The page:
Encompassing a mere four square centimeters and holding more than 5 billion transistors, the chip also features 1 million digital neurons that function via 256 million digital synapses. It's hard to ignore the chip's parallels to the human brain
Kayla Matthews | Productivity Bytes
Most consumers use some form of artificial intelligence (AI) and machine learning every day without even realizing it. From AI-driven applications like Google Maps to autopilot mechanisms on commercial flights to anti-spam filters that depend on machine learning to adjust their rules over time, next-gen technology is everywhere.
Technologies like machine learning and AI are both here to stay — and they're getting more intelligent every day. Recent breakthroughs, like neuromorphic chips, promise to add even more functionality to the chips that power the new generation of smart devices — but they're not alone. In many cases, manufacturers are turning to age-old technology — in the form of analog hardware — to provide next-gen connectivity.
The Origins of Neuromorphic Chips
Neuromorphic chips are quickly becoming the preferred device of top IT manufacturers. One of the earliest examples of this trend comes in the unveiling of IBM's TrueNorth chip in 2014.
Encompassing a mere four square centimeters and holding more than 5 billion transistors, the chip also features 1 million digital neurons that function via 256 million digital synapses. It's hard to ignore the chip's parallels to the human brain — regarding both the chip's technical terminology and the functionality.
But the true origins of neuromorphic chips date back several decades. They've only recently begun gaining momentum in next-gen computing, where they're in everything from digital cameras and smartphones to health care systems that automatically monitor vital signs — and they're still in the earliest stages of development and implementation.
The current generation of robotics relies heavily upon neuromorphic chips, among a myriad of other electrical components. With printed circuit boards getting smaller than ever before, consumers benefit from more functionality packed into devices with smaller footprints — like the TrueNorth chip.
But TrueNorth isn't the only example of a neuromorphic chip in use today. Initiatives like Qualcomm's Zeroeth project and the UK-based SpiNNaker project are well underway, both of which are exploring advanced functionality in neuromorphic chips. Graphics developer NVIDIA is also exploring next-gen applications of deep learning, and might consider replacing their current generation of graphic processing units with neuromorphic chips in the future.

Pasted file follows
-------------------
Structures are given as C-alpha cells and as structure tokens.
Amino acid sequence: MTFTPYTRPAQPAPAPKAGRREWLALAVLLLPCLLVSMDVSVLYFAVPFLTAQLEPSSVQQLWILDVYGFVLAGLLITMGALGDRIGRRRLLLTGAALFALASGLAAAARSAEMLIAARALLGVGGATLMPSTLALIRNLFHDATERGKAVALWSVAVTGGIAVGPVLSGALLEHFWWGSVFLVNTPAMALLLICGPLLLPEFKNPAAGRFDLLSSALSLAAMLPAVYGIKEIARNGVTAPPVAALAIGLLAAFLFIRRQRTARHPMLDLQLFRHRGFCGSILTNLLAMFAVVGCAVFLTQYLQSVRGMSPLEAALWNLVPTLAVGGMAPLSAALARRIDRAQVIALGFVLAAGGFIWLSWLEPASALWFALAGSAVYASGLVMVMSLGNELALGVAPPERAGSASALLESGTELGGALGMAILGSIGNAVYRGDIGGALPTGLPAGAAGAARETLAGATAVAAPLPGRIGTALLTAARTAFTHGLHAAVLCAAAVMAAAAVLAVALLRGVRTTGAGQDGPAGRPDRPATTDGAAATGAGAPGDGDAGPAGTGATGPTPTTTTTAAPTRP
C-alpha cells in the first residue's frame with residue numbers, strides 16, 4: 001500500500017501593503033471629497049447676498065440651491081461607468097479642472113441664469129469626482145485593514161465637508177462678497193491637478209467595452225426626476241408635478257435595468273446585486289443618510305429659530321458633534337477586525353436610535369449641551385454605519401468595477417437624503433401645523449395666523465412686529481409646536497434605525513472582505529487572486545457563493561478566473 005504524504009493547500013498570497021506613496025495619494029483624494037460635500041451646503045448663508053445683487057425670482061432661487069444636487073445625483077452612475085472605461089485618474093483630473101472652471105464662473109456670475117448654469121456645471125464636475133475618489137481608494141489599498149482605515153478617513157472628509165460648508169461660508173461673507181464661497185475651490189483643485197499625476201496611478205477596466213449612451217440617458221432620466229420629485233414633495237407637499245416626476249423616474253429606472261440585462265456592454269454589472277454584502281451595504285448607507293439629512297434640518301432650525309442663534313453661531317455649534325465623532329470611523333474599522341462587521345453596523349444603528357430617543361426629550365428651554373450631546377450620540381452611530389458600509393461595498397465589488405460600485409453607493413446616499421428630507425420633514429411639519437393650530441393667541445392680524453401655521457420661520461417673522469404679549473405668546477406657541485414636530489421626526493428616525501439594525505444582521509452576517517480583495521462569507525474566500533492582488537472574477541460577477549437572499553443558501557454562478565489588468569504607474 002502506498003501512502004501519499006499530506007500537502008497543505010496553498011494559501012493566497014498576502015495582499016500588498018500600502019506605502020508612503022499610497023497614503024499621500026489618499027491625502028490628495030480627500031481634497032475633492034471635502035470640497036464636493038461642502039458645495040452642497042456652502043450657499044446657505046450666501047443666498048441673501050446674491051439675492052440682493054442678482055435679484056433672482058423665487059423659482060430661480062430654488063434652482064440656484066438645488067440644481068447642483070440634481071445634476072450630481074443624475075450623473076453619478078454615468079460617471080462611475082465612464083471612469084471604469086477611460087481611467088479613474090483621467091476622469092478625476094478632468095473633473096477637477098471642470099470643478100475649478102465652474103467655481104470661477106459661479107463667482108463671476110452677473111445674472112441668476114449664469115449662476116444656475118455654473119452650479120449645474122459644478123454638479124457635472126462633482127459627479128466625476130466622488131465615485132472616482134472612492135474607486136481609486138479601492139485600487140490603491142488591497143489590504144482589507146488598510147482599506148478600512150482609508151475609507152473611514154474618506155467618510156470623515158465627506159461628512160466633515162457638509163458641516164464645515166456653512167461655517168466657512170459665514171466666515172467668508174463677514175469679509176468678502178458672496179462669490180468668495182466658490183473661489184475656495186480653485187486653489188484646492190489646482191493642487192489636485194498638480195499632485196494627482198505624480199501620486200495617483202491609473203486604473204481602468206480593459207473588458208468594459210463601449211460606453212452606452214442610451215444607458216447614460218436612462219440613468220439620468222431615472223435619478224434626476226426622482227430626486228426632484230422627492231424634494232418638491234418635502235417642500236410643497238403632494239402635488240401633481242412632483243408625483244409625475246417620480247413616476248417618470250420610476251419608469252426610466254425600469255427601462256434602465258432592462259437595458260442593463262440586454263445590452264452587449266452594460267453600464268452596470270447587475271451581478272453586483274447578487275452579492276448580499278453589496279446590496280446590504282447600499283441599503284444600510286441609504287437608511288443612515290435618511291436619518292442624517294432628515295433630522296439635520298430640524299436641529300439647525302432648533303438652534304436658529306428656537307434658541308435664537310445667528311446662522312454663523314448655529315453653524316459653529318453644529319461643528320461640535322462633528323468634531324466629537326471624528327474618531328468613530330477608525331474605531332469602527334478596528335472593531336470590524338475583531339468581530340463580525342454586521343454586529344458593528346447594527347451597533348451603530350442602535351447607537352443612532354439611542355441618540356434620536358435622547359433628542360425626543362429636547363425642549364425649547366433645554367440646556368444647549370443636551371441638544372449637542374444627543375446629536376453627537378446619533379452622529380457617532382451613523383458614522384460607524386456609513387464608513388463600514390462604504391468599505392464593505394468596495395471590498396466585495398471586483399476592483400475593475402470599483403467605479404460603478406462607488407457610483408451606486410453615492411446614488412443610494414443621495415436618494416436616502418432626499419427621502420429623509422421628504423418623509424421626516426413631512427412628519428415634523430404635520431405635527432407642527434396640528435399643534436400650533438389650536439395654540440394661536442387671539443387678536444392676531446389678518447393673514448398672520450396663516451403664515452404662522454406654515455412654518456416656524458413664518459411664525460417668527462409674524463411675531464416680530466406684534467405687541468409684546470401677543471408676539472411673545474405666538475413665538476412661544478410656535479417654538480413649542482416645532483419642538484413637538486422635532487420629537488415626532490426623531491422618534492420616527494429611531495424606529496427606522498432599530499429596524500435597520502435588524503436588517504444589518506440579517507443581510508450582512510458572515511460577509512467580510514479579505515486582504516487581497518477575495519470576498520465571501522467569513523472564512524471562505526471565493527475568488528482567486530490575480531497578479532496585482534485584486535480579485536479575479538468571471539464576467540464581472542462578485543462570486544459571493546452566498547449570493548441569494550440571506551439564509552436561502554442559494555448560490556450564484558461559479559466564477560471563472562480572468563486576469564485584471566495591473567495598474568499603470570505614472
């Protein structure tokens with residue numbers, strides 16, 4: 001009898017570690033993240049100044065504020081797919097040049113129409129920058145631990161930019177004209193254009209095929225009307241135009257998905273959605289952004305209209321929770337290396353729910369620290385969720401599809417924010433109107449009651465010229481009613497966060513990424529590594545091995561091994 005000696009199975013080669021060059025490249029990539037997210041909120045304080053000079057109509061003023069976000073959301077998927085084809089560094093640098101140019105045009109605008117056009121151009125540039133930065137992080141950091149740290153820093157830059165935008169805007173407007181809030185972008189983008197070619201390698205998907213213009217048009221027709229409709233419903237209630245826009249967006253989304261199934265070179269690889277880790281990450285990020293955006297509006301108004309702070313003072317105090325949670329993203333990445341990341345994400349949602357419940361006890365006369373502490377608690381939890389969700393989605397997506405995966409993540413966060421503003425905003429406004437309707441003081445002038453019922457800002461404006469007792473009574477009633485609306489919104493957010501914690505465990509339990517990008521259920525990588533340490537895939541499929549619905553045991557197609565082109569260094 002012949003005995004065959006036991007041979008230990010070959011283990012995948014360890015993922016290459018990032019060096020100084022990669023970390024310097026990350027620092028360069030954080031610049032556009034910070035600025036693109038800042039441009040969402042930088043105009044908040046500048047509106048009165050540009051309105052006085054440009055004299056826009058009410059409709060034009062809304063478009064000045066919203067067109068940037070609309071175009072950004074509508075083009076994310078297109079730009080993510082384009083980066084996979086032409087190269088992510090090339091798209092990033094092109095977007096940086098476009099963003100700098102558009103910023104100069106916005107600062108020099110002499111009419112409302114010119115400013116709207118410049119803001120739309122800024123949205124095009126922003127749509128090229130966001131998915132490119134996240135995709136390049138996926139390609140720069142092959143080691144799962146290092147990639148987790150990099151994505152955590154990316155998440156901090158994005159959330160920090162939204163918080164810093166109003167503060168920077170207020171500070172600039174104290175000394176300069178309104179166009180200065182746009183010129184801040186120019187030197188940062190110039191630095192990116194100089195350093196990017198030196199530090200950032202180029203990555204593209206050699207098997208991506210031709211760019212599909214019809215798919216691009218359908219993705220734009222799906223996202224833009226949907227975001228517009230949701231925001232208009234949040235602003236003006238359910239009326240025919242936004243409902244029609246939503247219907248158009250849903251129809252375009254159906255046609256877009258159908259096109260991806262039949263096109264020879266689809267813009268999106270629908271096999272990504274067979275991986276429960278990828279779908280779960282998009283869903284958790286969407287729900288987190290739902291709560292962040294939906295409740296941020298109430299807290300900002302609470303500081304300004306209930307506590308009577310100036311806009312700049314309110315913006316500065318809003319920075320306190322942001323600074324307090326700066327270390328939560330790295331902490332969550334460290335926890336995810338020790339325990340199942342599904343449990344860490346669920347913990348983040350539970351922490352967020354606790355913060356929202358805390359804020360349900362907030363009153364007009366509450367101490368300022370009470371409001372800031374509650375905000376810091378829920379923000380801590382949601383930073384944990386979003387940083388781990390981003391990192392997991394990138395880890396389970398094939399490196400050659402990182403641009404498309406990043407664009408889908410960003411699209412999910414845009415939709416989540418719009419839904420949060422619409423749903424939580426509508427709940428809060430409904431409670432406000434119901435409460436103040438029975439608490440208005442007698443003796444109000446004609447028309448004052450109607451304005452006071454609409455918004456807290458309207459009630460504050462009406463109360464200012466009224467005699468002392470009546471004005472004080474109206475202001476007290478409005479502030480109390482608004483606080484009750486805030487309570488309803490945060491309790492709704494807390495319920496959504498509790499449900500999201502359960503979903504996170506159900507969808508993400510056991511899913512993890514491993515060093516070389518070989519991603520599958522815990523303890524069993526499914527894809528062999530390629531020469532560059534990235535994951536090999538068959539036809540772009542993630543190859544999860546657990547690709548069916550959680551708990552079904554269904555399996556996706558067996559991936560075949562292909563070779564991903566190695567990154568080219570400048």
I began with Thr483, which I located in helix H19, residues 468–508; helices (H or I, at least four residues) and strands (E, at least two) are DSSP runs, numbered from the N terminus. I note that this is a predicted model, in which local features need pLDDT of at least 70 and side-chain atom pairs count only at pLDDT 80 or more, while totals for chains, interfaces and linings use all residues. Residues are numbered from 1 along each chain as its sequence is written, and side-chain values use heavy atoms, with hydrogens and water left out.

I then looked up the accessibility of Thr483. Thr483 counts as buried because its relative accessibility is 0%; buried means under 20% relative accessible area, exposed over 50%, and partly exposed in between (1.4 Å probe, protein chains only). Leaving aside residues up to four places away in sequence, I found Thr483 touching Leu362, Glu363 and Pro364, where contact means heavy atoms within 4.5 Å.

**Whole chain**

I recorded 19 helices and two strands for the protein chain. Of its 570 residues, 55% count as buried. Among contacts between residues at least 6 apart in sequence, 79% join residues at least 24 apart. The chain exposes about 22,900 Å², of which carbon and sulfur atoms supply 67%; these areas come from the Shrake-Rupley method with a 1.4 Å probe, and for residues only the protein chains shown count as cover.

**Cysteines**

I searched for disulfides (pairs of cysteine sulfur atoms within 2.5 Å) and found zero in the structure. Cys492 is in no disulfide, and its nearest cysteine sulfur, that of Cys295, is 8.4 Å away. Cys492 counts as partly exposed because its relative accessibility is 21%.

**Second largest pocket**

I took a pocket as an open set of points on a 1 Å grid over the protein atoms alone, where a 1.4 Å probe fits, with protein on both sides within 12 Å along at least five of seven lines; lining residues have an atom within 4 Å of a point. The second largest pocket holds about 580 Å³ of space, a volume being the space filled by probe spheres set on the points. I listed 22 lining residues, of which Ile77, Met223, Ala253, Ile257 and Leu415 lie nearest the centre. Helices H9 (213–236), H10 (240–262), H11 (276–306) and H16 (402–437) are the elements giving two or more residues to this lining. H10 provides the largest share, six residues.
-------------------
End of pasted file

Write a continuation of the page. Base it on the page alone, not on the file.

The Traditional Approach
Despite the recent emphasis on neuromorphic chips, some applications in AI and machine learning work better with traditional, analog chips. Many deep learning algorithms even prefer analog or neuromorphic chips over the newer, all-digital platforms.
While we tend to equate the word "analog" with "outdated technology," this isn't always the case. Because analog is so simplistic, it often performs repetitive tasks with greater speed and reliability than digital alternatives.
Lux Capital's recent launch of Nervana demonstrated this effect. Instead of using next-gen networks or highly sophisticated data processing routines to train deep learning algorithms, they relied on application-specific integrated circuits to perform the same task. The results were more akin to the learning processes used by the human brain.
Unfortunately, the task consumes too much power for integration into any current-gen mobile device. Despite its low energy efficiency, Nervana still attracted the interest of Intel, which quickly acquired the company outright. Where it lacks in one area, it certainly makes up for in overall speed and reliability — and this gives developers a strong starting point to refine and upgrade the technology as they see fit.
From Analog to Digital — and Back Again
Analog circuits first captured the public's attention following World War II. They've evolved by leaps and bounds since then.
Although digital hardware replaced many analog devices in the ‘90s and early 21st century, they're experiencing a resurgence thanks to new breakthroughs in AI and machine learning that demand the efficiency and reliability of the older hardware.
Image Credit: Brian Kostiuk
The content & opinions in this article are the author’s and do not necessarily represent the views of RoboticsTomorrow
Kayla Mathews - Contributing Author
Matthews is a tech journalist and writer, whose work has appeared on websites such as VentureBeat, The Week, VICE's Motherboard and Inc.com. She is also a senior writer at MakeUseOf and the owner of ProductivityBytes.com.
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